Newfound sex differences in axonal structure underlie differential outcomes from in vitro traumatic axonal injury

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Abstract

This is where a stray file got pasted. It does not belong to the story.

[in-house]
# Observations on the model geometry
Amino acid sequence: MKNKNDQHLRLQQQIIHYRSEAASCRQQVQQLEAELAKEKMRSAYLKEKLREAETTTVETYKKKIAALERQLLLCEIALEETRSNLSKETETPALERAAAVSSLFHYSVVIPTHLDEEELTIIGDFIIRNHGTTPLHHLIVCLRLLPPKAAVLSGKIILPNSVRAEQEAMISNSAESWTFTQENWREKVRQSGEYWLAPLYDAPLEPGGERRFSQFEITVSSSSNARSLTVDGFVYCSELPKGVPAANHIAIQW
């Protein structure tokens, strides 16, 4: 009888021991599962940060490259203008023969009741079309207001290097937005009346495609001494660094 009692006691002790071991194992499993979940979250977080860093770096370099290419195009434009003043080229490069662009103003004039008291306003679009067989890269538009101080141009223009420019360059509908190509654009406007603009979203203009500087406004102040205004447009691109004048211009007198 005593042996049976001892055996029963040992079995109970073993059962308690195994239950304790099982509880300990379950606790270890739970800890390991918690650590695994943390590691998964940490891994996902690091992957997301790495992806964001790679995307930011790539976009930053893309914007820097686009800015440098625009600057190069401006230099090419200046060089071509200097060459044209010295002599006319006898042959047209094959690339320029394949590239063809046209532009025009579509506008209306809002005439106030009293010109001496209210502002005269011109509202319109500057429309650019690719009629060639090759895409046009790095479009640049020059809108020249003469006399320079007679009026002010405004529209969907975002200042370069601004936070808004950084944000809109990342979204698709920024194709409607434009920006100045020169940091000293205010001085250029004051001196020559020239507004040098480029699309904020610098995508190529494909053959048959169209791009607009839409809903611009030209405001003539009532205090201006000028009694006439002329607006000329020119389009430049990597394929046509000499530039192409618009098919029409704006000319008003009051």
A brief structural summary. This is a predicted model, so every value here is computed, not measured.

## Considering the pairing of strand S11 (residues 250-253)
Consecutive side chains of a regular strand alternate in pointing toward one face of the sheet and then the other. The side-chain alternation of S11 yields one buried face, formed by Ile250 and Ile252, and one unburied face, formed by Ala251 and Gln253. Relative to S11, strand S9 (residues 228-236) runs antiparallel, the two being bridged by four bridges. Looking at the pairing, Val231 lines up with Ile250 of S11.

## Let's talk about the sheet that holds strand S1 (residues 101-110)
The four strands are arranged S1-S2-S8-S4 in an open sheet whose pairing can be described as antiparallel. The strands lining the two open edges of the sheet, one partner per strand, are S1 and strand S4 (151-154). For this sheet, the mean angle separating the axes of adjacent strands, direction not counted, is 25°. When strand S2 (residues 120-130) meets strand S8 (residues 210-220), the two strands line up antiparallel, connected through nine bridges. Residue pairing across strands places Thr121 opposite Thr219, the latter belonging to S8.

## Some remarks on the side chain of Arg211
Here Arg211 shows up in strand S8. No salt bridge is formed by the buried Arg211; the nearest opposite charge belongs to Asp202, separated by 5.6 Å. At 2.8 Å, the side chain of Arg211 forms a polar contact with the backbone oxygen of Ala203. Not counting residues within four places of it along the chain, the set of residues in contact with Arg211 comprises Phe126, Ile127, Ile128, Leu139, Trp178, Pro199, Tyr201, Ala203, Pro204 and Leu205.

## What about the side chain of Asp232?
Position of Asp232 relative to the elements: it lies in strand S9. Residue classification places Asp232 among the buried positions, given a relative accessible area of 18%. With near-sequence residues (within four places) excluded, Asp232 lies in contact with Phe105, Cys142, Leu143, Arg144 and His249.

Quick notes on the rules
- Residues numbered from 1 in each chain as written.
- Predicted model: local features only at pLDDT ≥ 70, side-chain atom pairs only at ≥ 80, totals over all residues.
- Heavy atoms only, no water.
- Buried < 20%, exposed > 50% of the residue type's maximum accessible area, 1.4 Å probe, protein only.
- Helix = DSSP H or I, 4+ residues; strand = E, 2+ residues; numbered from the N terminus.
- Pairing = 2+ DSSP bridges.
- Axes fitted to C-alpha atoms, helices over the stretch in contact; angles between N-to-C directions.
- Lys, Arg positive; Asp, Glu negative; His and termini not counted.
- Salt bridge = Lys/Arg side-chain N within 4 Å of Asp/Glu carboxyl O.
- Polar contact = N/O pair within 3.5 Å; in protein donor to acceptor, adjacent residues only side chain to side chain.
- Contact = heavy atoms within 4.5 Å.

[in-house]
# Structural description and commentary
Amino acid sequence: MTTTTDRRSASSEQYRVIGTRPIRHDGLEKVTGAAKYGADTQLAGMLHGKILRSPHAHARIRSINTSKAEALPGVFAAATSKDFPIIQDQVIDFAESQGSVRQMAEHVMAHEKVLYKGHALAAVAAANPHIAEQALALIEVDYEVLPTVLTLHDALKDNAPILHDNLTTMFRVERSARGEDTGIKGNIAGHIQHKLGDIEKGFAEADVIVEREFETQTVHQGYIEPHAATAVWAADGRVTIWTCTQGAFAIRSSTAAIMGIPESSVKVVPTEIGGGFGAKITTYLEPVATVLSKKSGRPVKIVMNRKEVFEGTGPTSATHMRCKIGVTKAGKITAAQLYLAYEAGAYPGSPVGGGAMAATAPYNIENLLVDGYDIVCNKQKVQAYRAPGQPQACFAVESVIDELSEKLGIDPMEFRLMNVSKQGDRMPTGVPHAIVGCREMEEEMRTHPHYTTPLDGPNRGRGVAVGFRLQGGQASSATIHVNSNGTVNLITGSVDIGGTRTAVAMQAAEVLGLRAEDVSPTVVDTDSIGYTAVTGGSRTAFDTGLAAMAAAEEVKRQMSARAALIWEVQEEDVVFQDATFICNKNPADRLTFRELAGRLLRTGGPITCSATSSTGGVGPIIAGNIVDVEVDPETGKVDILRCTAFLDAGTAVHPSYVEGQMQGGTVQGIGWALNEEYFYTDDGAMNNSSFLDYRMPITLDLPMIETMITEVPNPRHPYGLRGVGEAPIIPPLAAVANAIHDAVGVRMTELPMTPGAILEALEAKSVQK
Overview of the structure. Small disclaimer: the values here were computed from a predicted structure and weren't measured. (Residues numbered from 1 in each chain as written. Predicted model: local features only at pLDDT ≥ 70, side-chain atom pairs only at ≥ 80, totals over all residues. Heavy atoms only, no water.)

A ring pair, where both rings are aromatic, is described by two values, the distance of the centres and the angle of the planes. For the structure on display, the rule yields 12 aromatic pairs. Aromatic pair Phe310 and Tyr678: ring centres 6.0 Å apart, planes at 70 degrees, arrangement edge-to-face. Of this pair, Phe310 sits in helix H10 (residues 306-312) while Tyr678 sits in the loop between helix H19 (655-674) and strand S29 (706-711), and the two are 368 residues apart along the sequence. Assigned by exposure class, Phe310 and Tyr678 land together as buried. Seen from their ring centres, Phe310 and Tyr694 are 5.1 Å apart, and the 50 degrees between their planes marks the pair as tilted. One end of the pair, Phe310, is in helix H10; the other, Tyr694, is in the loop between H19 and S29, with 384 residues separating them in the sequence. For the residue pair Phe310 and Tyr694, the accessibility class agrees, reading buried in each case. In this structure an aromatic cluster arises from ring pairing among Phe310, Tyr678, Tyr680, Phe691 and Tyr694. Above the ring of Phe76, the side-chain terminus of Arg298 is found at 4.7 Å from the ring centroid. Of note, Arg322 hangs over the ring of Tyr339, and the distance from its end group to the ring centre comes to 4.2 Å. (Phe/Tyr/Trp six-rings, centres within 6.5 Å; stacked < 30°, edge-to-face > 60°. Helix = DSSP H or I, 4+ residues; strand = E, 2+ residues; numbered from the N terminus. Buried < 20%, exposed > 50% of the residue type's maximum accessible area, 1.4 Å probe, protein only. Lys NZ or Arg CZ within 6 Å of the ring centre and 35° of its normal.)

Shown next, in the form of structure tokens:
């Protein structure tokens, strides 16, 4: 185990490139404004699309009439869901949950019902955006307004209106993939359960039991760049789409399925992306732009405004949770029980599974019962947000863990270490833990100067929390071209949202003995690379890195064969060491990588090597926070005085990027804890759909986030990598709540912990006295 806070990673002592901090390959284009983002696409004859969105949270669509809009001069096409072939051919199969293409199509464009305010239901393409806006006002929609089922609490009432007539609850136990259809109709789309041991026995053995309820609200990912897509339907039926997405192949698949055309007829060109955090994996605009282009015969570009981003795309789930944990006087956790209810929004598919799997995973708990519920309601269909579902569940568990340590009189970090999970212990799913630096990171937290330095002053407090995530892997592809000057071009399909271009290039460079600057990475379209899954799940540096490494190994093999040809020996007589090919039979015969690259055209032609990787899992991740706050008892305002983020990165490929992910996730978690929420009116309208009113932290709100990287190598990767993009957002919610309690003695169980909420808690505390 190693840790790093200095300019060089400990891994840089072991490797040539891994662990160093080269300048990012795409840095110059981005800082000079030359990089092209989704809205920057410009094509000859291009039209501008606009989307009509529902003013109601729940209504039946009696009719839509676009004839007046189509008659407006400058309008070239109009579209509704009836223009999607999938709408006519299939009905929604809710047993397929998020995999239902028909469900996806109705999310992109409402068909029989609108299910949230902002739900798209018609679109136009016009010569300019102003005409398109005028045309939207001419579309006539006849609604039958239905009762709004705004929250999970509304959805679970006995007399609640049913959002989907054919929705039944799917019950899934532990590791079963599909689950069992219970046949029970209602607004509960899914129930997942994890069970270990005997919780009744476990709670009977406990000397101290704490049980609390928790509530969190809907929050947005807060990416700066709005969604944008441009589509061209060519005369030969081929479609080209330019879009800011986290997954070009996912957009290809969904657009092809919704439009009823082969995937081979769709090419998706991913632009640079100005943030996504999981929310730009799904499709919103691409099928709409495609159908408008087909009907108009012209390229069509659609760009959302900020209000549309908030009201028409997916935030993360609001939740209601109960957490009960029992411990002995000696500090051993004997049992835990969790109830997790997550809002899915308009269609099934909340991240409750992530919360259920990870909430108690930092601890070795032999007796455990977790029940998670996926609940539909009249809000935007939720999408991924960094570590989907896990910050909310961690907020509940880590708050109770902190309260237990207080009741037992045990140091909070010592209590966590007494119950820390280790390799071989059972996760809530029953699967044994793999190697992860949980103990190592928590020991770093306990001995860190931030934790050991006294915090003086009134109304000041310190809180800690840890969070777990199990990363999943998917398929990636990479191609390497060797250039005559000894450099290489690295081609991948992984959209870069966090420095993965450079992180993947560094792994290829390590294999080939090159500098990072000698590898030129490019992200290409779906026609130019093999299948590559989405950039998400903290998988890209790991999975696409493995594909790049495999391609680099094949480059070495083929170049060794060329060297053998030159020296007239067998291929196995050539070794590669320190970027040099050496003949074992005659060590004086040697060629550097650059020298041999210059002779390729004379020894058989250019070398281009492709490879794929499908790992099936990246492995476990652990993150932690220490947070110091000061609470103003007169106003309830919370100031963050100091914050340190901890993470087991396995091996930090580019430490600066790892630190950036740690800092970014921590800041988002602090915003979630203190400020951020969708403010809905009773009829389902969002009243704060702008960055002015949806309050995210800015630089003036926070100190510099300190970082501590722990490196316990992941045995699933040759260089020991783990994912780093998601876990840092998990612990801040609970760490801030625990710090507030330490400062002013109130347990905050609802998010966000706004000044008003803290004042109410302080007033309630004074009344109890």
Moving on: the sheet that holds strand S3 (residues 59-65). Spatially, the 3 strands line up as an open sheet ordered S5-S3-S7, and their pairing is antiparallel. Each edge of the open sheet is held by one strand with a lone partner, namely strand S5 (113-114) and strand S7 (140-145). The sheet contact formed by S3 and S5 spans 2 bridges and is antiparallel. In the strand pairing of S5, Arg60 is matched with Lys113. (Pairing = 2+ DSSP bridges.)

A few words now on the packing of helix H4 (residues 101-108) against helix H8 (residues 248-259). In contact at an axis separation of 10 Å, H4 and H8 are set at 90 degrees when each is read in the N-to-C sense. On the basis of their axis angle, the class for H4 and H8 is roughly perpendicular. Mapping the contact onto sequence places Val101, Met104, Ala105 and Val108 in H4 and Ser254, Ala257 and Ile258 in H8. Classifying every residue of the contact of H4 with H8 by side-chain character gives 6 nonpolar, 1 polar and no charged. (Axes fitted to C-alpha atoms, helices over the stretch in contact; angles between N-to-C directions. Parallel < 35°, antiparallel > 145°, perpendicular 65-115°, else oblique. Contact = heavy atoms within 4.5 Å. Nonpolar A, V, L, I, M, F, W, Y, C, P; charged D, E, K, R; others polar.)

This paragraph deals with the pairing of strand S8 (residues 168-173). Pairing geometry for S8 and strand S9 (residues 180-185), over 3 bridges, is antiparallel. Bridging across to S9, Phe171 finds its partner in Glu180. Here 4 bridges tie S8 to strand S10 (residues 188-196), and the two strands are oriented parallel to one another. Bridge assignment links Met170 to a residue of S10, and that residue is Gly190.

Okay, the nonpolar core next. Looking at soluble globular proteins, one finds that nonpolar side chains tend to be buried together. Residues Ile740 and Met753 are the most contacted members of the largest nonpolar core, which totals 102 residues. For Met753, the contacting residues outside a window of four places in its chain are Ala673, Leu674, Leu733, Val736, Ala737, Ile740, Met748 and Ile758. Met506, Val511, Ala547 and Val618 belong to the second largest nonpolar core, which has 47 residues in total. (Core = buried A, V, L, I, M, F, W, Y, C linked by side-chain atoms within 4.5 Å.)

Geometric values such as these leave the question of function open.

Since traumatic axonal injury (TAI) is implicated as a prominent pathology of concussion, we examined potential sex differences in axon structure and responses to TAI. Rat and human neurons were used to develop micropatterned axon tracts in vitro that were genetically either male or female. Ultrastructural analysis revealed for the first time that female axons were consistently smaller with fewer microtubules than male axons. Computational modeling of TAI showed that these structural differences place microtubules in female axons at greater risk of failure during trauma under the same applied loads than in male axons. Likewise, in an in vitro model of TAI, dynamic stretch-injury to axon tracts induced greater pathophysiology of female axons than male axons, including more extensive undulation formations resulting from mechanical breaking of microtubules, and greater calcium influx shortly after the same level of injury. At 24 h post-injury, female axons exhibited significantly more swellings and greater loss of calcium signaling function than male axons. Accordingly, sexual dimorphism of axon structure in the brain may also contribute to more extensive axonal pathology in females compared to males exposed to the same mechanical injury.

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